J&J starts COVID-19 vaccine phase 3, eyes early 2021 approval

J&J
A preprint paper detailing the results of Johnson & Johnson's phase 1/2 of its COVID-19 vaccine is due to be published imminently. (Raysonho/CC0)

Johnson & Johnson has begun a 60,000-subject phase 3 assessment of its COVID-19 vaccine. The trial will enroll participants in the U.S. and other countries with a high incidence of COVID-19 with a view to generating data to support emergency use authorization early next year.

J&J submitted details of the phase 3 to ClinicalTrials.gov last month. At that time, J&J aimed to start enrolling subjects in the first week of September. Today, around two weeks after the targeted start of recruitment, J&J said it has initiated a phase 3 trial of Ad26 vector-based vaccine Ad26.COV2.S, now also known as JNJ-78436735.

AstraZeneca, Moderna and Pfizer, in collaboration with BioNTech, got U.S. phase 3 COVID-19 vaccine trials underway before J&J reached that milestone. However, J&J has advantages that could see it come from behind to play a major role in the effort to end the pandemic.

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Unlike its rivals, J&J is evaluating the safety and efficacy of a single dose of a COVID-19 vaccine. If the one-dose regimen is successful, J&J could eliminate the logistical complexity and dropouts associated with trying to get people to return for a second shot. A one-shot regimen would also enable J&J to vaccinate 1 billion people each year. Few manufacturers of two-dose regimens can match that figure.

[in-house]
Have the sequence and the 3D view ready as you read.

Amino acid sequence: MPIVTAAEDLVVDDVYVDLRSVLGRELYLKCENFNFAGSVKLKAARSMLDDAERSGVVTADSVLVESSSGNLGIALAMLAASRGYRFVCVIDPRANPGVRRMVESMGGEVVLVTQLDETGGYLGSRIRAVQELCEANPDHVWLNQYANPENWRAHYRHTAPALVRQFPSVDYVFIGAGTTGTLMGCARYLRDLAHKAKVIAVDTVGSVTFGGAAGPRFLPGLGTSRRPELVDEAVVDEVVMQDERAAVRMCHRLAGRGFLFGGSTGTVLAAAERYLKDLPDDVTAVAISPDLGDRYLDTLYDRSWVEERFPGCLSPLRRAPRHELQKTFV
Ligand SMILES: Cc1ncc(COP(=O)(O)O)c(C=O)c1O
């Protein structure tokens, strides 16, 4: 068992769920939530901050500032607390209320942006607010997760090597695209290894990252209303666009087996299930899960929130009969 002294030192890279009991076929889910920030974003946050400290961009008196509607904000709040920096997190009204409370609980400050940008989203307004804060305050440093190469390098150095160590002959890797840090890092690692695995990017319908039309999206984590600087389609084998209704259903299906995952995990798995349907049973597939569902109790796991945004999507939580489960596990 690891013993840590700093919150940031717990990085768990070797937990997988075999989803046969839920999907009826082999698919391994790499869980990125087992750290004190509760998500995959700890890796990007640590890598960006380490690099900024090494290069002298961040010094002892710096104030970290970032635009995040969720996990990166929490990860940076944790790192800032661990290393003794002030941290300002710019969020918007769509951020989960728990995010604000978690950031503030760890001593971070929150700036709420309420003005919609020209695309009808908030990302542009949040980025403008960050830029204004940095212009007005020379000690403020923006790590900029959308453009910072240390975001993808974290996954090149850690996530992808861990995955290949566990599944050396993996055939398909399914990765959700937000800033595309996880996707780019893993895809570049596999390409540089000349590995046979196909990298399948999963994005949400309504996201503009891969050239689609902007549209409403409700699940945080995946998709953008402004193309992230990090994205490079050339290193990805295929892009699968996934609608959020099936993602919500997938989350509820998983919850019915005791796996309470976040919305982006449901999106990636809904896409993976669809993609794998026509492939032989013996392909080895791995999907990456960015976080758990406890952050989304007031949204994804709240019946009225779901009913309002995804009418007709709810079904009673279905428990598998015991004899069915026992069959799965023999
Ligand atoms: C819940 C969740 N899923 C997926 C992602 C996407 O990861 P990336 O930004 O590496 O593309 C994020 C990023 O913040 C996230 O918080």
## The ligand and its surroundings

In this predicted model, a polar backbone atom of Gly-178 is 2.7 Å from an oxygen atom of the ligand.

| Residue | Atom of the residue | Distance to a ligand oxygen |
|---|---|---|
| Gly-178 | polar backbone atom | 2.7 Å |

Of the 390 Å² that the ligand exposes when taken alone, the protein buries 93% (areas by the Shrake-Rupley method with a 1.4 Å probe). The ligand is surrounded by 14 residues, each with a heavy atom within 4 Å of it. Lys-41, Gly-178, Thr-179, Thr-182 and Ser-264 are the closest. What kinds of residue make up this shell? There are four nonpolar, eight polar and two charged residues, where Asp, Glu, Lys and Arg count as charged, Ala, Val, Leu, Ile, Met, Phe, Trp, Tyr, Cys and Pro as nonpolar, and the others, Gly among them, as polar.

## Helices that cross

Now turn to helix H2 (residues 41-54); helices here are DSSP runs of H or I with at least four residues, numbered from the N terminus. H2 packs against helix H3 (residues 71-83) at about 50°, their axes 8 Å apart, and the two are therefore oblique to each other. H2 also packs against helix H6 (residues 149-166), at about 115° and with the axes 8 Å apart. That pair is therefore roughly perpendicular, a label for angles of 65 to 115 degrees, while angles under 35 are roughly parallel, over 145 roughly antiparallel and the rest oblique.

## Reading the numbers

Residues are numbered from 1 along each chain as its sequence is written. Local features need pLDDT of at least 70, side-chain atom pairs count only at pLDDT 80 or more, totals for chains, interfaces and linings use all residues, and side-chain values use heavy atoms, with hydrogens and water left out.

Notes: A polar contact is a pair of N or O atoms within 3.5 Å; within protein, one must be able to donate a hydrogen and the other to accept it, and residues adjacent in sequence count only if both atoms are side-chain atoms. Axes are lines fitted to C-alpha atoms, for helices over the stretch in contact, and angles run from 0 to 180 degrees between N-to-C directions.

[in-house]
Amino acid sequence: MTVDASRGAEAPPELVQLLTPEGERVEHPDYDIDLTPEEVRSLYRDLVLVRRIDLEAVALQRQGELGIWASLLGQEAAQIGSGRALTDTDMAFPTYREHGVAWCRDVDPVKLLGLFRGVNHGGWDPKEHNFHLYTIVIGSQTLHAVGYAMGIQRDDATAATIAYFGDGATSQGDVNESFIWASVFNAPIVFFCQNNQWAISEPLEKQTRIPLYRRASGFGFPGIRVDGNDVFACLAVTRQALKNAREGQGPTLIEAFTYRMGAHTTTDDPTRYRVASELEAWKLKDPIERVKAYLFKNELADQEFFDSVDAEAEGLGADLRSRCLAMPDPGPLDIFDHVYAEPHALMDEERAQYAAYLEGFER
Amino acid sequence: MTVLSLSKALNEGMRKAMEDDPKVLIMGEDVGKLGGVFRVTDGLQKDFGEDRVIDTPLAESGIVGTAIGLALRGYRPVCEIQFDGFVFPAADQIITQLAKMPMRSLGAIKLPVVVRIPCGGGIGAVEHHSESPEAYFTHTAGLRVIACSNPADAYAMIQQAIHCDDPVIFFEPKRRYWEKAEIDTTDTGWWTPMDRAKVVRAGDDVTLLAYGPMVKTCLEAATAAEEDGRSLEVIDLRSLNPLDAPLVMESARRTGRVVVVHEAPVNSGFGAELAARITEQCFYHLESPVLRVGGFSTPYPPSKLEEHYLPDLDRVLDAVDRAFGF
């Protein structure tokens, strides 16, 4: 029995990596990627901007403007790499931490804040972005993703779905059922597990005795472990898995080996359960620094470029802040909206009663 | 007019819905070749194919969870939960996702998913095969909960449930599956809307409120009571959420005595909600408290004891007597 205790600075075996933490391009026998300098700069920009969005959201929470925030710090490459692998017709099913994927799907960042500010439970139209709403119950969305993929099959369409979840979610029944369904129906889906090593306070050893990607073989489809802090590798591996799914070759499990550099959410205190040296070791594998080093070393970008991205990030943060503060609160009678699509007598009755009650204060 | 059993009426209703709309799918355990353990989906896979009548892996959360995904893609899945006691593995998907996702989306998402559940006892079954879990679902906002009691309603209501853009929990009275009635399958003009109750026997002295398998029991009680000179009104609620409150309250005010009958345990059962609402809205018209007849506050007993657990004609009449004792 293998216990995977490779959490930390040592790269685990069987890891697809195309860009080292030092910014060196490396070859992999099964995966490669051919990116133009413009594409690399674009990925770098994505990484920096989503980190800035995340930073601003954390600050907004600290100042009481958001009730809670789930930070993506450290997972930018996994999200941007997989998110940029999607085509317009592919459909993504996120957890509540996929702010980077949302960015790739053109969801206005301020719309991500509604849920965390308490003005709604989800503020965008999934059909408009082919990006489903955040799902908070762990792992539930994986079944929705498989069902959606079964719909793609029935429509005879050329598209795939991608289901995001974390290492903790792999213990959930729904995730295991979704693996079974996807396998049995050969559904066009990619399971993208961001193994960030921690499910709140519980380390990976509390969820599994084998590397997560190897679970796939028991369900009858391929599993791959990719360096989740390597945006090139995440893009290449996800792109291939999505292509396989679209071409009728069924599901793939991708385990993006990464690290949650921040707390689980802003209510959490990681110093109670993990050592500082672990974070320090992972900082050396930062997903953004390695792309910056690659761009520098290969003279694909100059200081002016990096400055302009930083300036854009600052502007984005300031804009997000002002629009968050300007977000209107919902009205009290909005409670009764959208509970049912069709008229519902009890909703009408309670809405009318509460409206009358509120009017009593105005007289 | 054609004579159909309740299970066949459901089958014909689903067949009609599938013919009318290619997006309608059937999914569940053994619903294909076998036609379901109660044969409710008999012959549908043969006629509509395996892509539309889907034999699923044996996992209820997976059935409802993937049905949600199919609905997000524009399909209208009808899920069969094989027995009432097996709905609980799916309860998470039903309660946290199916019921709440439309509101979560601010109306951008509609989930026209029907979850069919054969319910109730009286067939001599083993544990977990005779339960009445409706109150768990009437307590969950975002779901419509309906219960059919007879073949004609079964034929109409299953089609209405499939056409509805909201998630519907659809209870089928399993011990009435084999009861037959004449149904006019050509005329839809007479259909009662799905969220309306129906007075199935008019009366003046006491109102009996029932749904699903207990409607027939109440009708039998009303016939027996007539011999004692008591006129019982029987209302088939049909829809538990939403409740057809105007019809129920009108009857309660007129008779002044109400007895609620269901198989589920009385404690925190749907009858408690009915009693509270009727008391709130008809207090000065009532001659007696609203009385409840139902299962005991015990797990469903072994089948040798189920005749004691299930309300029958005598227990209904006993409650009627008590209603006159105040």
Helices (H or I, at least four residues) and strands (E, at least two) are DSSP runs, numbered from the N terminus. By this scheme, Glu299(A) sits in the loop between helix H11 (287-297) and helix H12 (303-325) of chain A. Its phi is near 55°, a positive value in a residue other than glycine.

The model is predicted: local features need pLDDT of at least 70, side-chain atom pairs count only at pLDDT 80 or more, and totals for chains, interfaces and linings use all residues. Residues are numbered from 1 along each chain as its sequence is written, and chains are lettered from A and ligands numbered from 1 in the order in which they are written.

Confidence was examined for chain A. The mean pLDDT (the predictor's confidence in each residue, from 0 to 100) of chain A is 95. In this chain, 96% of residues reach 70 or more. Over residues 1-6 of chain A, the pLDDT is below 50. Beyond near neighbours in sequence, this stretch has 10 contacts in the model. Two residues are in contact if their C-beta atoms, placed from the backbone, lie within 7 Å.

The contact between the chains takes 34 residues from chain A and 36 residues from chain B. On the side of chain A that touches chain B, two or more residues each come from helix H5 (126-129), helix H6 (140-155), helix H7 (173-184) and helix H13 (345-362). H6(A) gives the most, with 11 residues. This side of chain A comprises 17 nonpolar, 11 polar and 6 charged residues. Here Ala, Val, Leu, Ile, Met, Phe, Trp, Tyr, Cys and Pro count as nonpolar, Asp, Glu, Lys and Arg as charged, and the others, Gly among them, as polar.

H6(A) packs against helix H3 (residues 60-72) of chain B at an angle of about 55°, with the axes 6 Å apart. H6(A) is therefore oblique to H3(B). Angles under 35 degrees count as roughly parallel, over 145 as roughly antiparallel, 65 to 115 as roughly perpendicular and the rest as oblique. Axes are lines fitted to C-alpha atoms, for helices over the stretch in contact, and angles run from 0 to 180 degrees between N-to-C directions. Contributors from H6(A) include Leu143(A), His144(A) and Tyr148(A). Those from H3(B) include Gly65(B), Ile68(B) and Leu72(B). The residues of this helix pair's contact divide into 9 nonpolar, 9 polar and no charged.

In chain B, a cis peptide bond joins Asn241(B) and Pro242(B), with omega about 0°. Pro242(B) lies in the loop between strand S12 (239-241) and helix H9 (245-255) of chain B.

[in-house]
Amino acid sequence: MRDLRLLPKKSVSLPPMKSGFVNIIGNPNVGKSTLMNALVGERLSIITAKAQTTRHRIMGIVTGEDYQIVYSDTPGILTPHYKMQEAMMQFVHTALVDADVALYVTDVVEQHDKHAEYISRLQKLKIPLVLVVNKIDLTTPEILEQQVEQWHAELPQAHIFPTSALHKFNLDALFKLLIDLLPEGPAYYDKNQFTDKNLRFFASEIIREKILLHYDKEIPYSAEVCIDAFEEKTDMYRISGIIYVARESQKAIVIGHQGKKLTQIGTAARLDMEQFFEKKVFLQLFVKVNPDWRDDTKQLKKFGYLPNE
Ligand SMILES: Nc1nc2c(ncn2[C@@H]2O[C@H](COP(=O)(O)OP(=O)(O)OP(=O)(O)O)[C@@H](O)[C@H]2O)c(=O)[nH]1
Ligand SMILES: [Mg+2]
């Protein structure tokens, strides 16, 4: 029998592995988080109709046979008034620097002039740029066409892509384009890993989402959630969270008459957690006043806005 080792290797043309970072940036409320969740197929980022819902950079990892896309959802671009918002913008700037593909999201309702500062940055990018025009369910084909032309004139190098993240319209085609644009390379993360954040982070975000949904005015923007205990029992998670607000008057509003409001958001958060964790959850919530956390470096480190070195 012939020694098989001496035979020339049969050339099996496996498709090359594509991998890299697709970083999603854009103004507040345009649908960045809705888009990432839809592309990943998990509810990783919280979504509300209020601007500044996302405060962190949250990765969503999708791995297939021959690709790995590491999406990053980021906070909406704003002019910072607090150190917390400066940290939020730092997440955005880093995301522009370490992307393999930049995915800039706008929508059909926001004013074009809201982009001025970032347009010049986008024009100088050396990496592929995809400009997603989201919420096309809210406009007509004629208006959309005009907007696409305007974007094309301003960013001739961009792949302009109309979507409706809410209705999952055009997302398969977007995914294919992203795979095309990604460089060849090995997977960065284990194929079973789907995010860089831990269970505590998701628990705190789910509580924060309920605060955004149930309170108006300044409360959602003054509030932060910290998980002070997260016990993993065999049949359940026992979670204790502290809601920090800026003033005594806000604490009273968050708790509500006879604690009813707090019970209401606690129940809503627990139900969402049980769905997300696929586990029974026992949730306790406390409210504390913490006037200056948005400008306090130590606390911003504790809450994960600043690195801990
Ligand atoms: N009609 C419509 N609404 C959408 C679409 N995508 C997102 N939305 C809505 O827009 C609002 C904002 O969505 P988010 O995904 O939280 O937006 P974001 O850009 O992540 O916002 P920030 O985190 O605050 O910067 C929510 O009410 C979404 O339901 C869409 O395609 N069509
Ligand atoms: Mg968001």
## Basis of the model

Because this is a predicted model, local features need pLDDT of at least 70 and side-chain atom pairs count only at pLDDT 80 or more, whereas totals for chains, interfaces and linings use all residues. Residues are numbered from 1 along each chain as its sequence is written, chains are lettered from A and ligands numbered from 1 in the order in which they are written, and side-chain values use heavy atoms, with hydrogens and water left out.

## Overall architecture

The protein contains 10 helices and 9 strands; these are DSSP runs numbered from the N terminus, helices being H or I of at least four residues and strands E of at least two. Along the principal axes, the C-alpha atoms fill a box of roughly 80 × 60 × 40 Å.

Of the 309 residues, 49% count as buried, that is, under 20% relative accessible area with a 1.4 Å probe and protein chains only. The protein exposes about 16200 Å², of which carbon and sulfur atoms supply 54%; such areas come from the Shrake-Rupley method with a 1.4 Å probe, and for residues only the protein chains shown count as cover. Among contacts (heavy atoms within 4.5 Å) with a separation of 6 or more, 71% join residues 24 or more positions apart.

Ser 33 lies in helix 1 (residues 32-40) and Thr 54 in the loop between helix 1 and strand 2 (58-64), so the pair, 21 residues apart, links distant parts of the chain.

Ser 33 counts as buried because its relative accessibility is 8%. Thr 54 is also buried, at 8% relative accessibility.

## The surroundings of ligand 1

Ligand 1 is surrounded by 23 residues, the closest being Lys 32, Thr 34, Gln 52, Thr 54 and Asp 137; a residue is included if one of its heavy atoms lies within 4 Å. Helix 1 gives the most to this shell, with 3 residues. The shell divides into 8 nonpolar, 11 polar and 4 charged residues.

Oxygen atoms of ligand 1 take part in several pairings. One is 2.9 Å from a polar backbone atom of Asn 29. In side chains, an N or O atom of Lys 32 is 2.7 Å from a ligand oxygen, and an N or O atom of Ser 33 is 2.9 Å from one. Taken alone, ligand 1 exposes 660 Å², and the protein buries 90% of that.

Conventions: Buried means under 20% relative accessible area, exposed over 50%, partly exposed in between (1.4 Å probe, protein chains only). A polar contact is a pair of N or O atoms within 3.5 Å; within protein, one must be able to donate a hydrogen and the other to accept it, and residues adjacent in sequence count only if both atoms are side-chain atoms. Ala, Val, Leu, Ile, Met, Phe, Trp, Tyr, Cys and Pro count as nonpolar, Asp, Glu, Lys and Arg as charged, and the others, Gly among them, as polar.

J&J is covered in the event two doses are needed to confer immunity. Working with the U.K. government, J&J plans to run a second phase 3 trial that will evaluate the effects of giving two doses of the vaccine. 

Janssen, the J&J unit developing the vaccine, moved the one-dose regimen into phase 3 after getting a look at early-phase data on the candidate. A preprint paper detailing the results of the phase 1/2 is due to be published imminently.

In disclosing the start of the phase 3, J&J also called out the storage requirements of its vaccine. The candidate is expected to be stable for two years at -20°C and for upward of three months in the 2°C to 8°C range used to store many biologics. J&J said the candidate is “compatible with standard vaccine distribution channels and would not require new infrastructure to get it to the people who need it.” Pfizer’s mRNA vaccine must be kept at -70⁰C and be used within 24 hours of being thawed.

Other COVID-19 vaccines have storage requirements more comparable to those of J&J’s shot. Storage will likely only become a factor if multiple vaccines post comparable phase 3 safety and efficacy data. For now, any vaccine that is shown to work is likely to be used as quickly as it can be produced.

J&J has contracts lined up in key markets around the world and expects to start selling the vaccine in the U.S. under an emergency use authorization early next year. That prediction, which J&J first made in March, suggests J&J will get its vaccine to market shortly after the leading candidates, if they work.

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